White Lies' Harry McVeigh
There are a million high school bands that hope, struggle, fall into disillusionment and then get "real jobs," thinking only of their former band when telling stories to their grandkids 50 years down the line. There aren't all that many, though, who turn a corner, rename themselves and have a debut album that goes straight in at number one in their home country, all while the band members are barely into their 20s. Perhaps that's why White Lies are so grounded, and so incredibly thankful about the whole thing. The band are currently travelling Europe on a tour that's headed to North America at the end of March, and we interrupted one of lead singer Harry McVeigh's rare days off to talk about the press, the hype, and the dream come true.
So you're in Germany right now?
I'm in Berlin, yeah. It's great, we had a day off today which is unusual; we don't usually get time off on tour. We got to go and see some of the sights, which was nice. We went to the Brandenburg Gate and Checkpoint Charlie, which were both cool.
Have you had the weird sausage things from the street vendors yet?
The currywurst? I haven't tried them but after what you just said I probably won't!
Don't! How's the reception been over there? I guess the Germans love you as your music's quite dark and brooding.I think that's maybe a little bit of a stereotype! We haven't played the show here yet but the European tour's been great so far. We played a 1500-capacity venue last night in Amsterdam, which was amazing, and the night before that we were in Paris. This whole tour's been sold out for us, and we weren't expecting that at all so it's been really cool.
You're heading to North America soon -€“ what are your goals for that leg of the tour?
Just to carry on some of the good work we've been doing in the UK and around Europe. Things are really starting to pick up for us over here now, and we just want to continue that throughout the rest of the world. It's going to be really cool because a lot of the places we're playing in Canada and America we've never played before, and most of the people there will not know very much about our music or our band, and it's cool to play to a fresh crowd every now and again. It's really good fun.
Toronto crowds are pretty enthusiastic about new bands so I think you'll go down well.
We've played Toronto before actually; we played at the legendary Horseshoe Tavern! We played there in 2008, it must have been maybe September or October.
How well do you think you represent British music to the North Americans?
I don't know, I don't think we sound that much like any bands in the UK at the moment. In fact, most of the contemporary bands we're into are from New York and North America. I don't know what people will expect, really. Maybe I sing in quite a British accent, I'm not sure!
So what bands are you into right now then?
Well, our favourite new band is a band called School of Seven Bells, from New York, they're amazing and they're coming out on tour with us round the UK in May. The guitarist from the Secret Machines started that band and the Secret Machines are one of our favourite bands. Their first album is one of our favourite albums as a band, so it's going to be amazing to have them on tour with us.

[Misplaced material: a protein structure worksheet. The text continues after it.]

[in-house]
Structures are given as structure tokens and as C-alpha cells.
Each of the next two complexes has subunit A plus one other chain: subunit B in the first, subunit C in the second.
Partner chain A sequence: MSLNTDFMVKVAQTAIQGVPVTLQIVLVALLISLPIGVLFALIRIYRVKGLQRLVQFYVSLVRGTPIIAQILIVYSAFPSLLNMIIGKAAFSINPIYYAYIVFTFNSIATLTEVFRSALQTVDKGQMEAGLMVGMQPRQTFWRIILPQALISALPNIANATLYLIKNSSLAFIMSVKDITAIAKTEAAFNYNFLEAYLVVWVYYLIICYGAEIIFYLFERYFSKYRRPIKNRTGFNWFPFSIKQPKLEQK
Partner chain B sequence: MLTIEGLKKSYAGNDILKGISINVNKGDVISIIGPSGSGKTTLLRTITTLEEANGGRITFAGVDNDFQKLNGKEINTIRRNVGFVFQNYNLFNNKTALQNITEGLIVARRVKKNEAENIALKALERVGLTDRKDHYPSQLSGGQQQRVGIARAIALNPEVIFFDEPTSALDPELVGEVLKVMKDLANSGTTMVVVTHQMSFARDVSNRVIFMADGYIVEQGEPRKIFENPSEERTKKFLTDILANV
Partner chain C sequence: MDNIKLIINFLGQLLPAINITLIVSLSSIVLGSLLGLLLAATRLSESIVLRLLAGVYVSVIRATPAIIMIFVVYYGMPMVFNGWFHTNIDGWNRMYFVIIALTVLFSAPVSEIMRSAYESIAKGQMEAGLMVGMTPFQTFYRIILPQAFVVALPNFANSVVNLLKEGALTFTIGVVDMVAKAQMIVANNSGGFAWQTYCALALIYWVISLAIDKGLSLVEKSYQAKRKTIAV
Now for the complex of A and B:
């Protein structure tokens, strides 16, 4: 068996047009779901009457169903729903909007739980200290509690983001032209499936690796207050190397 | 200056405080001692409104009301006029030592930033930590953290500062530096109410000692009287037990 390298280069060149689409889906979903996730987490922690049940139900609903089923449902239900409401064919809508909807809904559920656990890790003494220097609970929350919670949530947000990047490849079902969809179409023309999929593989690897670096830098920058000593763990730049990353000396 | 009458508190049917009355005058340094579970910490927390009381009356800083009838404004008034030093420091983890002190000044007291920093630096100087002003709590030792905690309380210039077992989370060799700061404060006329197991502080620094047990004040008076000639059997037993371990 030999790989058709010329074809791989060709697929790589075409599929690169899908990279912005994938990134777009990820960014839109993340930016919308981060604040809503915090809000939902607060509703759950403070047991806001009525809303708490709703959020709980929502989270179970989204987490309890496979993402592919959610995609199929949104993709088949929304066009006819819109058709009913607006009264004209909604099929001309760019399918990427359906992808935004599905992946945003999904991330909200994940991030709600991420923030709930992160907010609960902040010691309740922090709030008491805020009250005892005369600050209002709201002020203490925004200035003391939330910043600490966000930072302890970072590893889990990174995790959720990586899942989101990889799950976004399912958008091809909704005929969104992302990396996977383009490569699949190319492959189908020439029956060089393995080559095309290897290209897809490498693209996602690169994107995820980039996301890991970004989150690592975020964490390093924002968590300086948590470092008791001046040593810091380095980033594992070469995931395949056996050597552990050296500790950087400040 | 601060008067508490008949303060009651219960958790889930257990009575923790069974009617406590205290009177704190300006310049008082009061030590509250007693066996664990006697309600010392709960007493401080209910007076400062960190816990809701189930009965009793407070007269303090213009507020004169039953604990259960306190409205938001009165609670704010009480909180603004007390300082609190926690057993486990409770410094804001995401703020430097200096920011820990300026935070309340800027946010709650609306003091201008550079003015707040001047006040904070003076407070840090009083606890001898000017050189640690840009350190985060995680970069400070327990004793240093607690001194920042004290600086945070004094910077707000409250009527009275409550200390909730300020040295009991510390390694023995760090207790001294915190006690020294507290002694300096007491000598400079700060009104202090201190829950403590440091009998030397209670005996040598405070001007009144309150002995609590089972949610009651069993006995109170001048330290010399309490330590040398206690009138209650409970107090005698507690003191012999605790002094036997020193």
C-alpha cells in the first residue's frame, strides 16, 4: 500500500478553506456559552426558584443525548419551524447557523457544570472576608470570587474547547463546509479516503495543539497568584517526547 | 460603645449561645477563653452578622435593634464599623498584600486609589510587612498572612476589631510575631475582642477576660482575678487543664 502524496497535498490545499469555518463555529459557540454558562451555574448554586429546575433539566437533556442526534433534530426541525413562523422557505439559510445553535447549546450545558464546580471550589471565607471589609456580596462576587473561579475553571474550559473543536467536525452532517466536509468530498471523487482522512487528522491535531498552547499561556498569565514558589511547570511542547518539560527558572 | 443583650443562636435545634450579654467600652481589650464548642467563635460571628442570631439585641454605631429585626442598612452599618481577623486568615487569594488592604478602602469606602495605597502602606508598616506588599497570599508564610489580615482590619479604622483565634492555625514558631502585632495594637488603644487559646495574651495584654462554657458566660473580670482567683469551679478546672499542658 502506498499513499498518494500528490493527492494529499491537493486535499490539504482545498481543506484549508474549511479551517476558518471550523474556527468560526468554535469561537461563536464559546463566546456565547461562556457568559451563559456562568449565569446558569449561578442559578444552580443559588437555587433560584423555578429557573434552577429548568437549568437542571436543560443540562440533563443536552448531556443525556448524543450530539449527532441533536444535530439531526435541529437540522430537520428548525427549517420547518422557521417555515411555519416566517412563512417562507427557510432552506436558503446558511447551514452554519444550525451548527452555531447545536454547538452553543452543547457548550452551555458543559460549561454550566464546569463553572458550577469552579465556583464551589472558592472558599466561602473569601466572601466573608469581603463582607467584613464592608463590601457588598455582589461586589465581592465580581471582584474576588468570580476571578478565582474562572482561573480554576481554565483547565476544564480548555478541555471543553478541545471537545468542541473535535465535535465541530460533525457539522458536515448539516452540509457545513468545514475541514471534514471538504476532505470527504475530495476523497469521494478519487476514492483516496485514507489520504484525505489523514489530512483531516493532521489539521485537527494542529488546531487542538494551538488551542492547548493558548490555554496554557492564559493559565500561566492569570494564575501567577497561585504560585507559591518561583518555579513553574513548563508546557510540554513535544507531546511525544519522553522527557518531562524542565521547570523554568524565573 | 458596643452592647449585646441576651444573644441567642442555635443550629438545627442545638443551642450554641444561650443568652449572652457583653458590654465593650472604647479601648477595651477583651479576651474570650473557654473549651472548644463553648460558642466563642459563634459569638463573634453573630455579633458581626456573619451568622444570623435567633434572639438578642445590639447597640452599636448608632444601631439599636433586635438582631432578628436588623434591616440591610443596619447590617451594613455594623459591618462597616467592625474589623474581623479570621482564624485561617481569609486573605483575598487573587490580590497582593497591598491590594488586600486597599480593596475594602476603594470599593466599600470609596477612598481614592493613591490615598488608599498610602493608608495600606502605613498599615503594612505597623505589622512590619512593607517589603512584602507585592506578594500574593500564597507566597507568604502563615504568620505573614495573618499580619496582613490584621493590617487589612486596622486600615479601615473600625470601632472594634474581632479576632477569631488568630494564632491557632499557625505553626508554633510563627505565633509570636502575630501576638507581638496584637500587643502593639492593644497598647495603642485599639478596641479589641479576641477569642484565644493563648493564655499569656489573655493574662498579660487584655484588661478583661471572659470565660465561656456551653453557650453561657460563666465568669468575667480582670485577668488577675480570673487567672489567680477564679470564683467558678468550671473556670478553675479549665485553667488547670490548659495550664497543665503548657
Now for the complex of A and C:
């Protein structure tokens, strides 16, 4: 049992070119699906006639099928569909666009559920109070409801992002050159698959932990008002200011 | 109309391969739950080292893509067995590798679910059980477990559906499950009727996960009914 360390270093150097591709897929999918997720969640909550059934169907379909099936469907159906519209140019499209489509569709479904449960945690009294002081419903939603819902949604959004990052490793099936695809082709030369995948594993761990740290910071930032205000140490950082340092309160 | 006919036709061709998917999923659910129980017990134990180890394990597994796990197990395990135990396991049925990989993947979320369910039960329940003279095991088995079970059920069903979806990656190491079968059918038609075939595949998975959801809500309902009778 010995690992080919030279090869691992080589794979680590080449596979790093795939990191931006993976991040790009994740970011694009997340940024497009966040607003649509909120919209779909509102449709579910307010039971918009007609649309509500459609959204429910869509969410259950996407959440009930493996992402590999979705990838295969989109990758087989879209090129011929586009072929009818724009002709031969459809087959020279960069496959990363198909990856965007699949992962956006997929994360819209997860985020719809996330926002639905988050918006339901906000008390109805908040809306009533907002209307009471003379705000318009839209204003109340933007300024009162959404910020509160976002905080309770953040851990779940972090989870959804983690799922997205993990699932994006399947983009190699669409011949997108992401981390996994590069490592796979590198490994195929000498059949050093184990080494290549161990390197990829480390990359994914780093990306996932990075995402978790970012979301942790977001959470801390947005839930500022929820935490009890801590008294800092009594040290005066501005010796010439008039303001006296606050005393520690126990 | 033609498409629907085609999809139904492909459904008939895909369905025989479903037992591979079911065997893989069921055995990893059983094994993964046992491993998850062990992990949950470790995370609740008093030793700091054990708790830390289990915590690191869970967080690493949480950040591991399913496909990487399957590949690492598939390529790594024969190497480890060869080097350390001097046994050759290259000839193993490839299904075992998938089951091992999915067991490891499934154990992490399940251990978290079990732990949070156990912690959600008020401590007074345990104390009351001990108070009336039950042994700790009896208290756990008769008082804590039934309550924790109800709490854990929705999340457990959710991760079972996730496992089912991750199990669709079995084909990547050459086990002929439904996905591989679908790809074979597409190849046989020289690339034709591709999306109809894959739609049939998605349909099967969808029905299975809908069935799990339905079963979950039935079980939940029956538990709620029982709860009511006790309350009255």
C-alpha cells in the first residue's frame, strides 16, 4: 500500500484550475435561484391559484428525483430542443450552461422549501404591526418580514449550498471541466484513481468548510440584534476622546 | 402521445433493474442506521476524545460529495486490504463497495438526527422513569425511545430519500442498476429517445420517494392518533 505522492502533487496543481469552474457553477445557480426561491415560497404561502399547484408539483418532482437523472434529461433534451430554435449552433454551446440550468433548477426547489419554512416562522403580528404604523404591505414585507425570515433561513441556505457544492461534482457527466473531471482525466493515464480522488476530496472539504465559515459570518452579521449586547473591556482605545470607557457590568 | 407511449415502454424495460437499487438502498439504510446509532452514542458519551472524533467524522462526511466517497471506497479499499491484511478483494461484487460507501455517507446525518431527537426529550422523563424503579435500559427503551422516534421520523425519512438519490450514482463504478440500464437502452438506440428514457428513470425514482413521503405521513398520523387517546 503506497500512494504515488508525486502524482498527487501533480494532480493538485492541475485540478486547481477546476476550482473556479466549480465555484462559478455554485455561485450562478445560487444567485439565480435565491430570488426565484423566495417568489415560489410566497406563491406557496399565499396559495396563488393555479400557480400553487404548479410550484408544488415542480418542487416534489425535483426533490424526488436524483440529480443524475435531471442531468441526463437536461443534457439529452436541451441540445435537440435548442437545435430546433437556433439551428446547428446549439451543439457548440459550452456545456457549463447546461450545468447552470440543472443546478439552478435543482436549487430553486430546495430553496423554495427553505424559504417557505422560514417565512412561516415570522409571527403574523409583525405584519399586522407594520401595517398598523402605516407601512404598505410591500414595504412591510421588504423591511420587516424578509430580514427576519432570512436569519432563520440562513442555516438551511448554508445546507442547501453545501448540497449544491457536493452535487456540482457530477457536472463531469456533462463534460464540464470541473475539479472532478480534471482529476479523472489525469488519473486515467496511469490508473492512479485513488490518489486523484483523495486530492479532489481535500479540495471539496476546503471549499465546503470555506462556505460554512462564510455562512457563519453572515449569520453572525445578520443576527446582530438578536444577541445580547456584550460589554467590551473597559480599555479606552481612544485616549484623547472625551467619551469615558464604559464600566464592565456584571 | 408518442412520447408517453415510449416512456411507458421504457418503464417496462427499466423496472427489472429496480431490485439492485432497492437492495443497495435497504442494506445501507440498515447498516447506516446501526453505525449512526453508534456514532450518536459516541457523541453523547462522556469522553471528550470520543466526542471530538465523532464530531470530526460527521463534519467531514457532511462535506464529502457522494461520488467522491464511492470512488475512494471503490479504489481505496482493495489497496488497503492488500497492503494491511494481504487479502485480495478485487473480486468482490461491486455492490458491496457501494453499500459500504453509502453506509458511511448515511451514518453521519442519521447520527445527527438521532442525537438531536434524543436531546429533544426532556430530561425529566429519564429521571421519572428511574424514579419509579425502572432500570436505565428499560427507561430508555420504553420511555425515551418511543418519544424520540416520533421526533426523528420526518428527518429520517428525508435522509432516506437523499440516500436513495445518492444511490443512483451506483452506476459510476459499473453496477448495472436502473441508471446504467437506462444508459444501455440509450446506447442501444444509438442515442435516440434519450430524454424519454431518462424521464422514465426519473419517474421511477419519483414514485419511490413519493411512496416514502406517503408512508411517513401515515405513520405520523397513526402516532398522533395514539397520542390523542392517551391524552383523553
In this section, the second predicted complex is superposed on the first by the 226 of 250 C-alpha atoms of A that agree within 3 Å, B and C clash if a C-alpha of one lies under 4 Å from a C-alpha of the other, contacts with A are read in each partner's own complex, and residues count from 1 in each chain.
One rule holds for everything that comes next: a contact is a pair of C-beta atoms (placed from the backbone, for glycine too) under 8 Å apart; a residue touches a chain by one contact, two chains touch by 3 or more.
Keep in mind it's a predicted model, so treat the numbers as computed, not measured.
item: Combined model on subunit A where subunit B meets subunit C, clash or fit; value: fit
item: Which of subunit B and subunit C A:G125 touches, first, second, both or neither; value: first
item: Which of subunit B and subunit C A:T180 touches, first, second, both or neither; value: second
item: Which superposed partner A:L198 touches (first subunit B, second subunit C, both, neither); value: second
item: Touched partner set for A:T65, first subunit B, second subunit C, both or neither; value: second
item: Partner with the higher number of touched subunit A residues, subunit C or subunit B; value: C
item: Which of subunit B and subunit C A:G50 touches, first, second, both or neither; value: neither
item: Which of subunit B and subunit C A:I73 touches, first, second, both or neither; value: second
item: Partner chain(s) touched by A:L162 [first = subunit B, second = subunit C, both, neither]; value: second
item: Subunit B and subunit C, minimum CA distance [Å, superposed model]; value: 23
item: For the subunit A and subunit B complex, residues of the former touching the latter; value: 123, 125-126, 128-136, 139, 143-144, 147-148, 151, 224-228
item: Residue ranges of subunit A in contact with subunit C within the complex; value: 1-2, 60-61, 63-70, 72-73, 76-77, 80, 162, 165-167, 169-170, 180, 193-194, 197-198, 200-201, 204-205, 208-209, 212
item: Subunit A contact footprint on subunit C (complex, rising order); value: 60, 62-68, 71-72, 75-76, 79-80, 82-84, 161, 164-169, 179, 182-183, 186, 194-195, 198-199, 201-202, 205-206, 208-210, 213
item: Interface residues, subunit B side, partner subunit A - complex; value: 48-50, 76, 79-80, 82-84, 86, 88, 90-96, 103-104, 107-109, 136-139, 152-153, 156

How do you feel about the British music scene at the moment?
There are a lot of female singer-songwriters, which isn't a bad thing. It's just the trend for British music and I think, to some extent, music all over the world. We have this list in the UK called the BBC Sound of 2009, which is where 150 journalists pick out the three acts they think are going to make it big this year, and three of the top five were female singer-songwriters: people like Little Boots, Florence and the Machine and La Roux, so I think that's definitely the trend for UK music at the moment. It's not a bad thing; a lot of them are really great and write fantastic songs. We were touring with Florence at the beginning of this year, on the NME Awards tour and it was great. She's an amazing singer and an amazing performer.
I was back in England last week and you guys were everywhere; it seems everyone's very excited about you. Do you think this has worked against you in any way? Bands championed by the NME, for instance, have a reputation for being overplayed and over hyped.
No, I think it's building quite slowly and naturally for us. People think that our band's come out of the blue but we've been playing music together since we were 14 or 15 years old in various bands. We've been going at it for a really long time. Things are building naturally for us and I don't think it's been forced on people too much. You know, it's never a bad thing to have a buzz around a band, and it's been really great for us as it means we're so much busier in a really good way. We get to play loads of shows and do loads of interviews and stuff instead of building up the band in a really gradual way. I'm sure to everyone else it feels a lot quicker though.
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